An adult male horse has 44 permanent teeth and a mare between 36 and 40. Until they are about 5 years old they will be on their first set of teeth, known as their deciduous teeth, by 5 they should have their permanent adult teeth in.
About 18 million years ago the teeth in fossilised skeletons of horses changed as they adapted to an abrasive diet. The surface of the molars changed becoming more complex and better suited for chewing grasses and other tough plants. Their teeth also began to grow taller, laying the evolution for the modern horse’s teeth.
We often say that horse’s teeth grow constantly. However horse’s teeth have finished growing once their permanent teeth are in place, but they are around 12cm long and gradually erupt from the gums, around 0.3cm per year. Their abrasive diet means that their teeth wear down gradually over time, and so this eruption means that their teeth do not wear down completely until they are much older. The problems are that the constant wear on the upper surface of the teeth can lead to sharp edges and uneven wear, which can lead to a whole host of issues.
Problems that may stem from dental issues and signs to look out for
Even if your horse is showing no symptoms of discomfort some learn to live with a degree of pain, so it’s worth getting a regular check up on their teeth.
Poor teeth means poor diet and a poor diet can lead to all of the above and digestive disorders such as colic.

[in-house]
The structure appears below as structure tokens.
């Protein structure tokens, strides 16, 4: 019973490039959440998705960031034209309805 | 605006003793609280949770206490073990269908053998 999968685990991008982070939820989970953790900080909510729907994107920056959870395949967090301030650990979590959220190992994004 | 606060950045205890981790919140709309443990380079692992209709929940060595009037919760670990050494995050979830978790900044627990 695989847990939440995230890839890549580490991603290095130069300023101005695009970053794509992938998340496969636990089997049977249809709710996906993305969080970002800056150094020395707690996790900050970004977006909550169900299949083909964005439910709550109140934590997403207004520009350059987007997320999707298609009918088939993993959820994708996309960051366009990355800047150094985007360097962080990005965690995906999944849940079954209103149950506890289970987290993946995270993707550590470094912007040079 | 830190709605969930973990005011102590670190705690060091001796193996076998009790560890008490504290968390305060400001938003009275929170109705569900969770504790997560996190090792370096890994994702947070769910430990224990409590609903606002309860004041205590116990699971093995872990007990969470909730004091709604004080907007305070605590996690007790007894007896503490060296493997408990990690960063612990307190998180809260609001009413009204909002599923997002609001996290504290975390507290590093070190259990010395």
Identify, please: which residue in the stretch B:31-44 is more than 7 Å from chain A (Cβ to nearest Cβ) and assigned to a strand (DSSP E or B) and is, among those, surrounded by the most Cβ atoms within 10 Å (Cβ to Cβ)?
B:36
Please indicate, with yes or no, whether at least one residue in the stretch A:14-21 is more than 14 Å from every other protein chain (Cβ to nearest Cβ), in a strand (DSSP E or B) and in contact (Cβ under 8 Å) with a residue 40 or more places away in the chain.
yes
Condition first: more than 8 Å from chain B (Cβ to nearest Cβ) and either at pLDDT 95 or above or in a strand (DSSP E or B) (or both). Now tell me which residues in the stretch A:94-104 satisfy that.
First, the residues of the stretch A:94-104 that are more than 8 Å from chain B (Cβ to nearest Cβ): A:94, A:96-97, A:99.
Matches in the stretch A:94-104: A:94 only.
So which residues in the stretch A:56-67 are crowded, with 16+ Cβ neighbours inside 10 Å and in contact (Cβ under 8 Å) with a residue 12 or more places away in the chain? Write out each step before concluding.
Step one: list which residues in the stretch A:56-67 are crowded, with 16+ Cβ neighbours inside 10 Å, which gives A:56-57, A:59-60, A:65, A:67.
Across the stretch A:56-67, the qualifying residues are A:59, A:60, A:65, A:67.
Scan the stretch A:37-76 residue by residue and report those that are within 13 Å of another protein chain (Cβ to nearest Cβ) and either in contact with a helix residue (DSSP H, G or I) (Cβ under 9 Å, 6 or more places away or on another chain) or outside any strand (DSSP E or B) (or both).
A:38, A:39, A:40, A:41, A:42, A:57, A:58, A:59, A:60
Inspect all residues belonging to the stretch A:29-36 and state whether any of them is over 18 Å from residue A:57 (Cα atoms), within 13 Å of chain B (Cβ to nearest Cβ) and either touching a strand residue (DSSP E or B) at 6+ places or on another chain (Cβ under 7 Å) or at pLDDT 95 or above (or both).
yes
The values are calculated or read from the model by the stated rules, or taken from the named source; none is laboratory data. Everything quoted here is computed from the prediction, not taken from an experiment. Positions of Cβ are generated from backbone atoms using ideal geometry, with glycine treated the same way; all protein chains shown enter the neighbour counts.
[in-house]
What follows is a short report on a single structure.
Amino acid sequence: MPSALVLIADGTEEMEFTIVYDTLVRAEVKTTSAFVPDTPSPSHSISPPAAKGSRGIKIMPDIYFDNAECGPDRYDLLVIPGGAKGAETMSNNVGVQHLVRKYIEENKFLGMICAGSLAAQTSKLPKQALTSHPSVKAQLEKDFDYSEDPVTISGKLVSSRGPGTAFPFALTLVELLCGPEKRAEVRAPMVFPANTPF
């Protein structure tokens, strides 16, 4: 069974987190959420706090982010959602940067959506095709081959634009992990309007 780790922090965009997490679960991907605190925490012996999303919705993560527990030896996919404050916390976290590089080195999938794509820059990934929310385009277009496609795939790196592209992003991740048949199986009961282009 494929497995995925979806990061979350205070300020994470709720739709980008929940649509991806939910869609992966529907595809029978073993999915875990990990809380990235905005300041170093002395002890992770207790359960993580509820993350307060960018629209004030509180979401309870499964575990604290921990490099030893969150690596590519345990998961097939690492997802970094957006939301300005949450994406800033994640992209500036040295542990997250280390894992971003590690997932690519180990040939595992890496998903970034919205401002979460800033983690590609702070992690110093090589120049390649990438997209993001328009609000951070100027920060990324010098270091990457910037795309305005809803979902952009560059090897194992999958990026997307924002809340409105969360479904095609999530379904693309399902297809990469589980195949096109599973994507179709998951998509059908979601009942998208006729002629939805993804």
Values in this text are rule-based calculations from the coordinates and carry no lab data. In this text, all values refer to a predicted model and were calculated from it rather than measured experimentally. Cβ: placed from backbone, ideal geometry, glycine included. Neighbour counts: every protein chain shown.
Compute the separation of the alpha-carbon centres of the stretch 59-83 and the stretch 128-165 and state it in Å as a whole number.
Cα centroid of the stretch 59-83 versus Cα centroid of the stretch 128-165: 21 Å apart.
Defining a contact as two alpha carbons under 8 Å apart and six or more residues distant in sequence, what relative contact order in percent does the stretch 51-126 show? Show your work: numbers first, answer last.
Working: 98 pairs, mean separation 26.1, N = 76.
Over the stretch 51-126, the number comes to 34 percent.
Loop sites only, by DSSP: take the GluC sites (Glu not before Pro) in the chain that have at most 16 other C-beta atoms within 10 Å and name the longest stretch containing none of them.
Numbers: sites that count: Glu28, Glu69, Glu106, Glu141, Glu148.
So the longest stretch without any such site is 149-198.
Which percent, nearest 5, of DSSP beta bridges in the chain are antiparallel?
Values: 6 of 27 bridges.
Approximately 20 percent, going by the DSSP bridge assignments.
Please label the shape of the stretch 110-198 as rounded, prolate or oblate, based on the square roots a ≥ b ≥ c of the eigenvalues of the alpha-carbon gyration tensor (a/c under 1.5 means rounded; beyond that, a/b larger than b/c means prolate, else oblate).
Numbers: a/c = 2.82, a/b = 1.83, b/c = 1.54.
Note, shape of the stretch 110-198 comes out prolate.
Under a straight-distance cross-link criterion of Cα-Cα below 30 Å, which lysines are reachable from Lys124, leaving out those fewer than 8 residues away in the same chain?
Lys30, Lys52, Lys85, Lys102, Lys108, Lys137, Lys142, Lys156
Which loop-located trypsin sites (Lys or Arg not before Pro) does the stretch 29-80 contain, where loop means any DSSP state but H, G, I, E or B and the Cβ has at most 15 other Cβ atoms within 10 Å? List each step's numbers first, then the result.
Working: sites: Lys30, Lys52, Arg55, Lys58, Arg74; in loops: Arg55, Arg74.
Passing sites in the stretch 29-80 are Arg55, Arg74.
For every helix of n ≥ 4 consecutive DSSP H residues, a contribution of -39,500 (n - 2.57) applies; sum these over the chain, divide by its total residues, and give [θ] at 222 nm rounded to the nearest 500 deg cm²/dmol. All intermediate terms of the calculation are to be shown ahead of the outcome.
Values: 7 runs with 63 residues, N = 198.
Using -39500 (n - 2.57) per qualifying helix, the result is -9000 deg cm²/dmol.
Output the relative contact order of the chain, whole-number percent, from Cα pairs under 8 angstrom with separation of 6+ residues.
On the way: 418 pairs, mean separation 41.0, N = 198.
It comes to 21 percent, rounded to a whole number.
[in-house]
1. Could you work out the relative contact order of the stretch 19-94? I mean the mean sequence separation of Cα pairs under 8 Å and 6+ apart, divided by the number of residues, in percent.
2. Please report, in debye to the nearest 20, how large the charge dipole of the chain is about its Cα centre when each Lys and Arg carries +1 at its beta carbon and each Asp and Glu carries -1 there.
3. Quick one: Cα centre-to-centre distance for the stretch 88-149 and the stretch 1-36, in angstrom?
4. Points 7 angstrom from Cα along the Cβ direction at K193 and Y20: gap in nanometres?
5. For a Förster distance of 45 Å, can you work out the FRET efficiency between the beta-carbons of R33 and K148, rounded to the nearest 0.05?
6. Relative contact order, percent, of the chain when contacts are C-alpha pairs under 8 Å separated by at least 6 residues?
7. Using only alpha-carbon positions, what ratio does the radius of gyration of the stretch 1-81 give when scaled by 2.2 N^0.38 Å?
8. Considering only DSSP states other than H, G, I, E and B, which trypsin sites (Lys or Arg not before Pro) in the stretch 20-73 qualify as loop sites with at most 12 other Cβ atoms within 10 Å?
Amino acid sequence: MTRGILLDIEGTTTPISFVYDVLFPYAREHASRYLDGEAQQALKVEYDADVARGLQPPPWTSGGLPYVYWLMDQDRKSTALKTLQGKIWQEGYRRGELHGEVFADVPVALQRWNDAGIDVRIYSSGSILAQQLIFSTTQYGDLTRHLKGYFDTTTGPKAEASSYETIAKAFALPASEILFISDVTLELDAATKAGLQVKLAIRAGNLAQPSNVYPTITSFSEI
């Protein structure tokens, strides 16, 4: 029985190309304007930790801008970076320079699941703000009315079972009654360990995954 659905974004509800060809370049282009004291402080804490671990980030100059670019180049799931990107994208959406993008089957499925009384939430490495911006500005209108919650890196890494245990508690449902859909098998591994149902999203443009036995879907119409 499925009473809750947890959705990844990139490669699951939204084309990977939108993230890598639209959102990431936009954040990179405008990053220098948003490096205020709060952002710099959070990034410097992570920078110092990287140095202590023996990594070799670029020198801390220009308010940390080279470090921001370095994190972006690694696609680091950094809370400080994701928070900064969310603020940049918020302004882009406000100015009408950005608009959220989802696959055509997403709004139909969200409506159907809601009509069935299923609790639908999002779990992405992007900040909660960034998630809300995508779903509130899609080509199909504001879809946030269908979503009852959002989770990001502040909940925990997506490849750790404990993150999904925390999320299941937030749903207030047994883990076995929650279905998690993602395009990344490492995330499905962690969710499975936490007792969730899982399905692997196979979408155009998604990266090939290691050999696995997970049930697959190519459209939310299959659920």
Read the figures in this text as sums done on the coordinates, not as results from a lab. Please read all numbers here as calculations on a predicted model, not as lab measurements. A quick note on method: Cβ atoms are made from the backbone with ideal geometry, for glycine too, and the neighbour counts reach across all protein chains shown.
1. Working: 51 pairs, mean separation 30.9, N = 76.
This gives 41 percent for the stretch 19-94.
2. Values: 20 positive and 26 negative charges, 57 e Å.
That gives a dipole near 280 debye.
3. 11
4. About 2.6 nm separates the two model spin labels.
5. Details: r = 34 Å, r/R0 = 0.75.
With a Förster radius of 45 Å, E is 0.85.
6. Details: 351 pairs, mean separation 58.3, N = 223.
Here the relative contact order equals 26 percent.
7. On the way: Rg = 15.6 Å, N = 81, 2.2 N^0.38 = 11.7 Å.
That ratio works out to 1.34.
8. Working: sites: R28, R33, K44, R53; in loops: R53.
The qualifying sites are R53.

Short answer, yes. The longer answer means looking at the evolution of the horse and how they have adapted to nature. A horse at pasture will use the incisors to tear at the grass and the molars to grind it down. In a field of pasture there will be soft bits and places where the grass grows a bit tougher, there may even be a tasty shrub or two that they have a chew on. This full range of jaw movement and different wearing means that the teeth are more inclined to wear evenly. Added to this that a grazing diet normally needs a whole lot more chewing that a pellet or cubed diet and you can see why horses out in the pasture tend to have fewer problems. In fact that a pellet or cube diet can actively inhibit the normal chewing pattern, and can lead to problems with their teeth and jaws.
A good dentist should give your horse a once over to make sure that your horse is healthy and sound. As the list above shows poor teeth will lead to a whole host of other conditions. After this the visit may follow along these sort of line.
Most horses only have hands near their mouths if they are getting a treat or the bit in their mouth. You might need to get them used to the idea that people will be handling them around their mouth, start by touching the front of their nose. Do they try and nibble or chew your hand looking for a treat. Try and work with them so you can touch their lips without them reaching to chew or lick you.
Sadly since the horse’s teeth don’t carry on growing, rather they erupt, meaning that eventually there is no more teeth left to erupt. Older horses are more likely to develop hooks on their teeth and prone to a condition known as choke, where they literally choke or gag on their food due to poorly chewed food. This poor chewing can also lead to colic and laminitis, for older horses checks up are more vital than ever.
But the end of their teeth doesn’t have to mean the end of their life as they would in the wild, different diets and specialist senior food can help them in their twilight years.
There is an old saying, ‘No feet, no horses.’ Well what’s true for the feet is true for the teeth, and as with their feet regular checks and specialist care can leave your horse pain free for a long and happy life.